First Croatian satellite to photograph Croatia as of February 2024

CroCube, the first Croatian satellite, presented at the Zagreb innovation Centre (ZICER) on Friday, is expected to be launched into the Earth’s orbit from California in February with a Falcon 9 rocket made by Elon Musk’s company Space X.

CroCube mission head Daniela Jović said the team that had worked on the first Croatian satellite hoped the launch would be motivating also for other companies and experts.

CroCube is a nanosatellite in the shape of a red-and-white checkerboard cube, weighing about 1.1 kilograms and measuring 10x10x10 centimetres.

After its presentation, the satellite will be sent to the Czech Republic to undergo vibration tests that simulate launch conditions.

After that, the satellite is to be launched into the Earth’s orbit in February 2024 from California, aboard the “Transporter-10″ flight of a Falcon 9 rocket made by SpaceX.

The first Croatian satellite will have two cameras and two radio transmitters and it will be photographing Earth from an altitude of 550 kilometres. It will be able to photograph Croatia three times a day for about 12 minutes.

An official web site will be launched to follow the state and movement of the satellite during the mission. The satellite will have an integrated micro SD card with the names of donors, photographs of interested citizens and a special plate inscribed with the names of chief sponsors.

CroCube will eventually be pulled down by gravity and it will combust entirely in the atmosphere without any residue.

Jović is the COO of the Czech-Slovak Spacemanic company which launched the project together with “Društvo za edukaciju van okvira” (EVO).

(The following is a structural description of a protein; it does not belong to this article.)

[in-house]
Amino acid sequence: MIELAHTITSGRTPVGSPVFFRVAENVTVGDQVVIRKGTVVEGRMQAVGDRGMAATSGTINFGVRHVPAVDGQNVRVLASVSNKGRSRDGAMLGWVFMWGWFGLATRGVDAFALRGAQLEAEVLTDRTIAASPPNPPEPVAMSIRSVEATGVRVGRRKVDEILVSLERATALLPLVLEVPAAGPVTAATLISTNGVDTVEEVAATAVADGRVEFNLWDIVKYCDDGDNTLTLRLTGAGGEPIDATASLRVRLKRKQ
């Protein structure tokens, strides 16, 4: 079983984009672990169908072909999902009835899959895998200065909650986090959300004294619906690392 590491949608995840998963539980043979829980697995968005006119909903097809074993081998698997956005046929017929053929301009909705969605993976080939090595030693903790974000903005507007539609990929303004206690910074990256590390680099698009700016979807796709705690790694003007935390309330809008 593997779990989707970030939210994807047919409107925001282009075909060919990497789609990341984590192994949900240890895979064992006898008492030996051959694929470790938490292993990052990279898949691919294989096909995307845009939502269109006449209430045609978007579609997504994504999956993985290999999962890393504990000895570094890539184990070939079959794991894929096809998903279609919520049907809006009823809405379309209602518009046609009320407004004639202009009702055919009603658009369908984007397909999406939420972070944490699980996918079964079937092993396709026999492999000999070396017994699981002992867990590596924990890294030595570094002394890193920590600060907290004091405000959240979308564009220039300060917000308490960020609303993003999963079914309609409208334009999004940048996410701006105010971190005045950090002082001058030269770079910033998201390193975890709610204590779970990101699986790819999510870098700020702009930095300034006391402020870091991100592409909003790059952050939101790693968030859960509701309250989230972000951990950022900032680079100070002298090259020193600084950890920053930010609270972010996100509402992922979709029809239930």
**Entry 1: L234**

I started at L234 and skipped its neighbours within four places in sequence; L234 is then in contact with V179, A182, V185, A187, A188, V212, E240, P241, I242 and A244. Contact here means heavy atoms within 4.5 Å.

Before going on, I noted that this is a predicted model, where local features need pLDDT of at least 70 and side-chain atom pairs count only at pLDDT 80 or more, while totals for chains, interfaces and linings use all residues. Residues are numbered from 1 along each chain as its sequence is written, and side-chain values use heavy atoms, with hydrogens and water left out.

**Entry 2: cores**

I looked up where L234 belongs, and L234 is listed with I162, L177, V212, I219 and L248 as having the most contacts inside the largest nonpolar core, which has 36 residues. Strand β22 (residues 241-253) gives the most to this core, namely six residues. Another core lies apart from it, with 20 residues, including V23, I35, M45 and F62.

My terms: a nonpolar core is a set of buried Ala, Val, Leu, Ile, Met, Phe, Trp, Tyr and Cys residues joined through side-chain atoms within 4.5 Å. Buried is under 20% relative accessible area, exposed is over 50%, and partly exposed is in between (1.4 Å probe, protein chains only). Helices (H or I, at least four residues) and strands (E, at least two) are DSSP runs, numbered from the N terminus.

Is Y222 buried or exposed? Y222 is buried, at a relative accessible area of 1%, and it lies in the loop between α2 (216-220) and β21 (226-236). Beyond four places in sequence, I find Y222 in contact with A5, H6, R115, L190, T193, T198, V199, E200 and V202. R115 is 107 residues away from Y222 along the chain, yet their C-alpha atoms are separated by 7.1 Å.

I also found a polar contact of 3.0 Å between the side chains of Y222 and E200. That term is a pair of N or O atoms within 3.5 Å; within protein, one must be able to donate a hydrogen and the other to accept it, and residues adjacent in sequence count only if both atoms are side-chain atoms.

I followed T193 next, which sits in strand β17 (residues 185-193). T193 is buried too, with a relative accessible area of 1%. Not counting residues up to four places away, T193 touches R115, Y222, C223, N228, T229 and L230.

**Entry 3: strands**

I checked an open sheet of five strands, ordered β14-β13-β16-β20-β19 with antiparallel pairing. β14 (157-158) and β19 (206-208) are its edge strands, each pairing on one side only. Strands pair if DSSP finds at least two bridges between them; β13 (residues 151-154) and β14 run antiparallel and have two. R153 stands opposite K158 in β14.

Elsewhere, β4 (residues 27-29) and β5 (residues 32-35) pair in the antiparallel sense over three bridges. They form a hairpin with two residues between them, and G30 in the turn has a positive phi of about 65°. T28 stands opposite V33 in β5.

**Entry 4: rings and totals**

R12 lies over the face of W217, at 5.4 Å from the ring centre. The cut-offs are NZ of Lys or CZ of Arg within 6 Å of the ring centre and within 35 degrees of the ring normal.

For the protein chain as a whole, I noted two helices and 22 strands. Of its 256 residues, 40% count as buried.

The project involved experts in different areas and companies while the cube itself was assembled in the cleanroom of the Zagreb Faculty of Science Physics Department.

A participant in the project was the Croatian company Pulsar Labs, which made the first Croatian CubeSat module “AstroTron 1000”, which is part of CroCube.

Pulsar Labs executive director Ante Medic said the launching of CroCube provided also an opportunity for the development of the space industry in Croatia.

Croatian astronomer Ante Radonić said that the first Croatian satellite provided an opportunity to popularise science and technology among young people, which is particularly important for the development of STEM.

Frequencies for communication with Earth have been secured by the Croatian Regulatory Authority for Network Industries (HAKOM) whose director Milan Gosta said the CroCube project “is a beautiful model of cooperation of the regulator and institutions with the private sector.”

“This is of great importance for Croatia. This is a significant technological advance because it opens an entirely new chapter for space research and innovations in other areas,” Gosta said.

Hrvoje Meštrić, head of the Science and Technology Directorate at the Science and Education Ministry, said the launching of the satellite was “also a great opportunity for the Croatian economy”, while the head of the City of Zagreb Information System and Technical Affairs Service, Dražen Lučanin, said that with CroCube Croatia would launch “an impressive thing into space.”